It can be easy to fall victim to the negativity of others, especially when it is someone close to you, like a family member, friend, or a current or former coworker. I learned a long time ago to always take a minute to collect my thoughts and find the best way to take the high road.
It was 1999, sophomore English class at Oak Park & River Forest High School when my teacher, Mr. Peter Kahn told his class about the high road. “In life”, he stated, people will, “often let their personal failures/hardships impact how they treat you.” Mr. Kahn changed my life over the course of that English class. I had an awakening, if you will, and learned how to not be consumed by others negativity.
As a matter of fact, with the help of Mr. Kahn and my guidance counselor, Mr. McHugh, I went from starting high school with a 1.7 GPA to graduating with nearly a 3.3. This is another reason why I will always respect educators and the work they do changing the lives of their students. I’m happy to report that Mr. Kahn to this day is still changing the lives of his students. I have remained in contact with Mr. Kahn and have thanked him many times for changing my life.
Fast forward to the present, and I’m still opting to take the high road as much as possible in my daily life. That doesn’t mean that I’m passive aggressive or that I’m overly optimistic. Rather, I refuse to allow others to bring me down.
That’s been a real challenge as of late, and without going into more details, I’ll just say that I’m stepping on the gas as I cruise the high road. I love this quote; “Taking the high road is hard work. Walking uphill requires strength and effort. Anyone can take the low road. Walking downhill is easy.”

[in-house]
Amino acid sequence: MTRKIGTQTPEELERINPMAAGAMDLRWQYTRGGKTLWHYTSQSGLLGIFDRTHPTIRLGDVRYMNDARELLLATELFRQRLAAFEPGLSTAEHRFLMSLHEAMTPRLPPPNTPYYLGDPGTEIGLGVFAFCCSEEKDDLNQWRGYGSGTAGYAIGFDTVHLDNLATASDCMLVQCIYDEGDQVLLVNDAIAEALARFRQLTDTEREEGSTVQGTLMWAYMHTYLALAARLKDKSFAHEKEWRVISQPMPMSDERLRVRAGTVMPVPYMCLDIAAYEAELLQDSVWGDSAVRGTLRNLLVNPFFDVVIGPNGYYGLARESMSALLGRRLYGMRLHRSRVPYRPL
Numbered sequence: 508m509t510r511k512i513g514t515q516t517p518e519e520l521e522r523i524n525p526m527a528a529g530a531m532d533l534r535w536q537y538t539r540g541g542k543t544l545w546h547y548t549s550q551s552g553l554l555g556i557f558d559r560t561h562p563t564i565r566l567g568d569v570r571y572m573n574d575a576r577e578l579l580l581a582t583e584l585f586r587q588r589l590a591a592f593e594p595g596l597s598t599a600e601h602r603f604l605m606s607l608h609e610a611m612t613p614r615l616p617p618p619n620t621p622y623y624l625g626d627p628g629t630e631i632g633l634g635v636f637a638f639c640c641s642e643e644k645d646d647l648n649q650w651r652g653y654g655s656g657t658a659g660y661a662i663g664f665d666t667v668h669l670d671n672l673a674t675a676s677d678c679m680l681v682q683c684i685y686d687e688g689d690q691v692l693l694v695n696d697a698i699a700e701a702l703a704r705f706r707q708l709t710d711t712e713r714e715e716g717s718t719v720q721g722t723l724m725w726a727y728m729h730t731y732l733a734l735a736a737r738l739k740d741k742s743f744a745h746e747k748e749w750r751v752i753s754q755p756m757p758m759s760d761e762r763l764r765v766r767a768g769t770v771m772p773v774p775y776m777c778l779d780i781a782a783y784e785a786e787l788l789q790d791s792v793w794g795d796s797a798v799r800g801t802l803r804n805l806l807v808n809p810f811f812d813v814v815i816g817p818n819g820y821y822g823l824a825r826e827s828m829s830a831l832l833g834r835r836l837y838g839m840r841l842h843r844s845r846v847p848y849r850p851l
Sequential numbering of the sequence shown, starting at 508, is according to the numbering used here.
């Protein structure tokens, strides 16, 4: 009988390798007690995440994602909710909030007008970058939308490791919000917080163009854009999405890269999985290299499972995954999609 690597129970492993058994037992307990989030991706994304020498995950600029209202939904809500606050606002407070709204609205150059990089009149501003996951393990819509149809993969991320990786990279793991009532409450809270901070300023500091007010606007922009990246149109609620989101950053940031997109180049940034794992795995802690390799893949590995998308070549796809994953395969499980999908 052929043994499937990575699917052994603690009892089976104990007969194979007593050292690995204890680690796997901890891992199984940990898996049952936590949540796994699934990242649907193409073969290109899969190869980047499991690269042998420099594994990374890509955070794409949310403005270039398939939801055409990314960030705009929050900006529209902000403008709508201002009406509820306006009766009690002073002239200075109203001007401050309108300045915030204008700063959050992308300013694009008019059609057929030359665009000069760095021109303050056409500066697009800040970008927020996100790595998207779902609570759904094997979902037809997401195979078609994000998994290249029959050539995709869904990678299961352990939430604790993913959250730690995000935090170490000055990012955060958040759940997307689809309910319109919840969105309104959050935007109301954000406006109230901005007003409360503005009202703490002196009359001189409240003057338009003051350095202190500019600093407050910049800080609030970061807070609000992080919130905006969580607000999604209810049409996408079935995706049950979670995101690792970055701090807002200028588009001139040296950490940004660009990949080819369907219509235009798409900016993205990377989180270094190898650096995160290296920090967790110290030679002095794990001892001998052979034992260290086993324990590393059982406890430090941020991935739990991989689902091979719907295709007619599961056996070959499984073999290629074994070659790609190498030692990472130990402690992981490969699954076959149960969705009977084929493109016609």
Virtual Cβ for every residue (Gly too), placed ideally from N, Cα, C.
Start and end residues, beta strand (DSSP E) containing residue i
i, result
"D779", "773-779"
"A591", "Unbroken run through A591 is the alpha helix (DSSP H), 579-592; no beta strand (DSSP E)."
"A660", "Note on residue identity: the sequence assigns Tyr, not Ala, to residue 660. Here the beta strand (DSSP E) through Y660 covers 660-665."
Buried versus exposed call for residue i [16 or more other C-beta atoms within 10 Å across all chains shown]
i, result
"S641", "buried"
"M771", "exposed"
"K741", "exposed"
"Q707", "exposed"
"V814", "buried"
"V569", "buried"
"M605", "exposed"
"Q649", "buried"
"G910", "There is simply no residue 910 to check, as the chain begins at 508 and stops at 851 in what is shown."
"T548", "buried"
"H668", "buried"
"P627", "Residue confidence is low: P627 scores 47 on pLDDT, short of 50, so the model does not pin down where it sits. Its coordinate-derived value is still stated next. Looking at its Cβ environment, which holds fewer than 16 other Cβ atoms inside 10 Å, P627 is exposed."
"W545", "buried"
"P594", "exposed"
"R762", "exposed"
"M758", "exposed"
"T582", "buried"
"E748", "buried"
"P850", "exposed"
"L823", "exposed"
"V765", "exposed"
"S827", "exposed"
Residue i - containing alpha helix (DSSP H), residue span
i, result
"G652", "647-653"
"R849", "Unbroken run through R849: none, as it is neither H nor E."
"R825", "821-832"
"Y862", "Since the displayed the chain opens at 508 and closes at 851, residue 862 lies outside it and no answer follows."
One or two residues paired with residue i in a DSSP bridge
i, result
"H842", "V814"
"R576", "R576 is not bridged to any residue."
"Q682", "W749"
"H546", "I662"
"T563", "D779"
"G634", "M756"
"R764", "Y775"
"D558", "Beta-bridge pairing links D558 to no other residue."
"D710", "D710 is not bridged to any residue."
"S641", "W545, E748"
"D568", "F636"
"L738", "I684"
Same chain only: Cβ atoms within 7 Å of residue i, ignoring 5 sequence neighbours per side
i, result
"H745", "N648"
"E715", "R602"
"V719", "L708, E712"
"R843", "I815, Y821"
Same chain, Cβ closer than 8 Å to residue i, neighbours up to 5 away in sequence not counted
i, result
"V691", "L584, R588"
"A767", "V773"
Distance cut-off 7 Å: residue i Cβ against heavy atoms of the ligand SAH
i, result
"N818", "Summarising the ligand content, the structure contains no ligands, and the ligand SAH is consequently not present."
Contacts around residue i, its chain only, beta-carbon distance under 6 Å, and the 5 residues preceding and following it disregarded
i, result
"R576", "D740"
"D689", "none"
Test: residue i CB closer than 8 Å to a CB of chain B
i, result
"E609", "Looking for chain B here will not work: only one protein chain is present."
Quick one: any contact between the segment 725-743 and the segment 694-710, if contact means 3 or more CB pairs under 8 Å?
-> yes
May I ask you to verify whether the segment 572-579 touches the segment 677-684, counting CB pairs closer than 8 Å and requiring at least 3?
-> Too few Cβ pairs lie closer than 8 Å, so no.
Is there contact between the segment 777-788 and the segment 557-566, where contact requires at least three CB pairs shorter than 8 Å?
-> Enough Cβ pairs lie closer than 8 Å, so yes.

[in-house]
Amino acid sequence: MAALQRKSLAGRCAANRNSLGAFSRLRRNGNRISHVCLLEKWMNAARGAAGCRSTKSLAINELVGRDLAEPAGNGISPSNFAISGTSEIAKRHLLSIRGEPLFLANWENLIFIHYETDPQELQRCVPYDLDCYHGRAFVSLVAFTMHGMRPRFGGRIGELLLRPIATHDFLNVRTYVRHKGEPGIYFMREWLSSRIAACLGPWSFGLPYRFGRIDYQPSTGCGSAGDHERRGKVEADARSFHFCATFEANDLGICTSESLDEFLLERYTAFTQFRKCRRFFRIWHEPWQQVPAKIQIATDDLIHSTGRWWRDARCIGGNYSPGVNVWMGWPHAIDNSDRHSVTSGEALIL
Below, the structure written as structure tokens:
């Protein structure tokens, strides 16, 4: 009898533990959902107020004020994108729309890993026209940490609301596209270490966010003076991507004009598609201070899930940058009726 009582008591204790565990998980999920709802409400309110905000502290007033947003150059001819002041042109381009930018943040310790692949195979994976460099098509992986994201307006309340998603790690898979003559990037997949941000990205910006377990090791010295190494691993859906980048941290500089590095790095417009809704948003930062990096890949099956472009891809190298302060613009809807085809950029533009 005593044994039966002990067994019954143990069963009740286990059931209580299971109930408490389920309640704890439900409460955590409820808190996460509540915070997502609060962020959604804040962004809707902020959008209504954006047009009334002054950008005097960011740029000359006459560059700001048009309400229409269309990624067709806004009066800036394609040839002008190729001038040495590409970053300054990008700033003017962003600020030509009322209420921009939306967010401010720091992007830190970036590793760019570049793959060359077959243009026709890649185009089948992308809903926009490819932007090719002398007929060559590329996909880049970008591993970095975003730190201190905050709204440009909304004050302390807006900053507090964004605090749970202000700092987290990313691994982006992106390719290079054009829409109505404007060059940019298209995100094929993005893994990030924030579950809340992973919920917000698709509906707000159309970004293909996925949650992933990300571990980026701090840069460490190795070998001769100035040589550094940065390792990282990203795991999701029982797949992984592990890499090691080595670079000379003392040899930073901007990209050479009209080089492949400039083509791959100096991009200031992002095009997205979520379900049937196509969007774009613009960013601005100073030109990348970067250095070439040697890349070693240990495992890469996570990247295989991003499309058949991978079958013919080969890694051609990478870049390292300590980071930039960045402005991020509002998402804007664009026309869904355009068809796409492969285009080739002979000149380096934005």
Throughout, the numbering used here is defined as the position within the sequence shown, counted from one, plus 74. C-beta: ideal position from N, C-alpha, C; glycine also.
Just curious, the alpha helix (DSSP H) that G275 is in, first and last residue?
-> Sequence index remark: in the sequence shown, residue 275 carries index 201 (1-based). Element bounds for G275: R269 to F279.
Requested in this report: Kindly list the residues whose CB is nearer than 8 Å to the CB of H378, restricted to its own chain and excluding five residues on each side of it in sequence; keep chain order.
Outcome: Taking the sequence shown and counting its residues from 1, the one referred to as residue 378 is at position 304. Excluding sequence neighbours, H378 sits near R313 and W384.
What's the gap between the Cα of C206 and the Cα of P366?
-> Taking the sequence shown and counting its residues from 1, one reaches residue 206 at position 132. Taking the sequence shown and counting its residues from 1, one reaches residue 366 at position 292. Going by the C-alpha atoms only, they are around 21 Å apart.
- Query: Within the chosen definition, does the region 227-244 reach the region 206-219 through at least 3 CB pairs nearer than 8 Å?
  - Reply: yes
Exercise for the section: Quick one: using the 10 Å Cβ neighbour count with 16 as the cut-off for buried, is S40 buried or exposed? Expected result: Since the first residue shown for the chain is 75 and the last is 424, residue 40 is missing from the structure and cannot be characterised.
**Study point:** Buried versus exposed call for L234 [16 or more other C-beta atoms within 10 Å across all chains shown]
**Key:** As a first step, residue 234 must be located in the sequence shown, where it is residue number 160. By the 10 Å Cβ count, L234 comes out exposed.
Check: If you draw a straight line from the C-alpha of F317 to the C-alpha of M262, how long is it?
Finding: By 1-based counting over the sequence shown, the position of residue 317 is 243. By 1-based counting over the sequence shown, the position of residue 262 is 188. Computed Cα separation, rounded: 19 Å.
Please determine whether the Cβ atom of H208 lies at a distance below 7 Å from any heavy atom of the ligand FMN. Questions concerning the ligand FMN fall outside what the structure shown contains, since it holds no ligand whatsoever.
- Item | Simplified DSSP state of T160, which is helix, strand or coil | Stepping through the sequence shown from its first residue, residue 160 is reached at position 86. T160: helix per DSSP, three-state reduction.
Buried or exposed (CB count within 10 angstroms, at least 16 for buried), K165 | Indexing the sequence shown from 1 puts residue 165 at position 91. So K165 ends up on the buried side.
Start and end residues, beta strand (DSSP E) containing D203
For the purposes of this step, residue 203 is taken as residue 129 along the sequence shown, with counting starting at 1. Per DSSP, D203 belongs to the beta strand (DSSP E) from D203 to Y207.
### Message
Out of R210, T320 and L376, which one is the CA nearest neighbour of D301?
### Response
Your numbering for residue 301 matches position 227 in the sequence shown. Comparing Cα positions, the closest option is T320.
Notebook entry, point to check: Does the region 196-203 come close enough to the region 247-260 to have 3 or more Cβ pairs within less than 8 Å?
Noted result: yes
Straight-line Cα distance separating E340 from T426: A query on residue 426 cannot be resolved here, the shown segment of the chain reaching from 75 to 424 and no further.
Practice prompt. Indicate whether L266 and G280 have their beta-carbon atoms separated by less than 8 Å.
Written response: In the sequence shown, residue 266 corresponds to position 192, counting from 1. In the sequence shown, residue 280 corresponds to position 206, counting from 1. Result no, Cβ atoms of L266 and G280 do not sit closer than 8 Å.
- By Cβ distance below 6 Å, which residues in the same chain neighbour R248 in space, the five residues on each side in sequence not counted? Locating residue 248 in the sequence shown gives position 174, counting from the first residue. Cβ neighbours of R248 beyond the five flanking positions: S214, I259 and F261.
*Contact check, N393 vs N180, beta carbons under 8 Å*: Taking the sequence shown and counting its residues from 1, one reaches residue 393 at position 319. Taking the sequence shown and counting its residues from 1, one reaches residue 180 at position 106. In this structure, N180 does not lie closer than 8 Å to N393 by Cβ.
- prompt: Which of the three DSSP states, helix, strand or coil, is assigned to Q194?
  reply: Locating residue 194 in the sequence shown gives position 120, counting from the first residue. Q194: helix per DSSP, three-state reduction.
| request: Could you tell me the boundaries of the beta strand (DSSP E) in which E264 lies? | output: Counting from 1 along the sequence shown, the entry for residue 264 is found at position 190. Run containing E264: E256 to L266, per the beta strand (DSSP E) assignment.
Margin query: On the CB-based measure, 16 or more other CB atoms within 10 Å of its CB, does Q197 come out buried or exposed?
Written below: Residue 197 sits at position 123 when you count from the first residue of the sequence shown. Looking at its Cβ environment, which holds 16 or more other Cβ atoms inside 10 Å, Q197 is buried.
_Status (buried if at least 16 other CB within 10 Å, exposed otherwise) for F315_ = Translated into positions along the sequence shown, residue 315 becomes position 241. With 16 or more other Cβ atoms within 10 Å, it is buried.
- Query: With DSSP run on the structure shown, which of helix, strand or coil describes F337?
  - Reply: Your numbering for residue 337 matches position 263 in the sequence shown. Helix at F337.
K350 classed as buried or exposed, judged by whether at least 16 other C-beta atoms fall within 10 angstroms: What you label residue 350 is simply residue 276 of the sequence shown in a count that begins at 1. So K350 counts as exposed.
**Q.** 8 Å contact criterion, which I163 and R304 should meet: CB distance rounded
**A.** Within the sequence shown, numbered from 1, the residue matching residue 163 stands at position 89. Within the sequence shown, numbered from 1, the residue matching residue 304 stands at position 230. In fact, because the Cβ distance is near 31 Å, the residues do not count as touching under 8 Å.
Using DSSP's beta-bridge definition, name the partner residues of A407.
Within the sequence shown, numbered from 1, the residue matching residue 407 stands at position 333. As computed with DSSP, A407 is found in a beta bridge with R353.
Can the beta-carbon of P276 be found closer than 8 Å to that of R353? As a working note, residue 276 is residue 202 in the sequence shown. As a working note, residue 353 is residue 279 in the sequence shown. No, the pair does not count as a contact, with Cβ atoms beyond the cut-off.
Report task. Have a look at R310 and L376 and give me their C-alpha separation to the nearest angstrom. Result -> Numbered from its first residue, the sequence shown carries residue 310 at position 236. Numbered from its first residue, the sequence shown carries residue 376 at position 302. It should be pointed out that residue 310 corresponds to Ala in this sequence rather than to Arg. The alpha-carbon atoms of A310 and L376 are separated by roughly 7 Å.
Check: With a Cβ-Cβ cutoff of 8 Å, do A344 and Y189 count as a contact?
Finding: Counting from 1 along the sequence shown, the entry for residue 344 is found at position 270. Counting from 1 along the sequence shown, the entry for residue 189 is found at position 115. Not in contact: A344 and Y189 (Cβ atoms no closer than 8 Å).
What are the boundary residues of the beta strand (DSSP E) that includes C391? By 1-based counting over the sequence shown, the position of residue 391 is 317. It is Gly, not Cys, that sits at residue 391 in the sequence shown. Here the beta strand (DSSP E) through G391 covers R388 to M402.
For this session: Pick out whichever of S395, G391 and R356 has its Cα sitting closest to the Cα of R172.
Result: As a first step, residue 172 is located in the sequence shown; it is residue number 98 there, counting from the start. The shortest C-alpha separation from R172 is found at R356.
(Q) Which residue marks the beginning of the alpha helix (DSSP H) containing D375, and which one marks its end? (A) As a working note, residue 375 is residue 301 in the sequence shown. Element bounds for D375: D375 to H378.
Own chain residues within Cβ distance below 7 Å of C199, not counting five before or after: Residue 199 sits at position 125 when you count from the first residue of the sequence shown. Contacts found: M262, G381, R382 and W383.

Isn’t that true? It’s always easier to take whatever is troubling you and push it onto others. Attempting to force people to share in your misery is not right, nor will it help you overcome. So, what can we do to help our family or friends that are struggling?
Be present for them. Put down the phone and have a real, meaningful conversation. If it is something beyond what you’re able to do as an individual, maybe recommend they talk to someone on a professional level. I think, as a society, we all could do a better job talking about mental health issues without any stigma or shame.
I’m a firm believer that negativity is contagious. I treat negativity like it’s the flu, only I still haven’t gotten the FDA to approve the “anti-negativity shot” I’m working on. Here’s to taking the road less traveled more often and making the choice to go high when they go low. Be the Mr. Kahn in your own way and help others find their high road.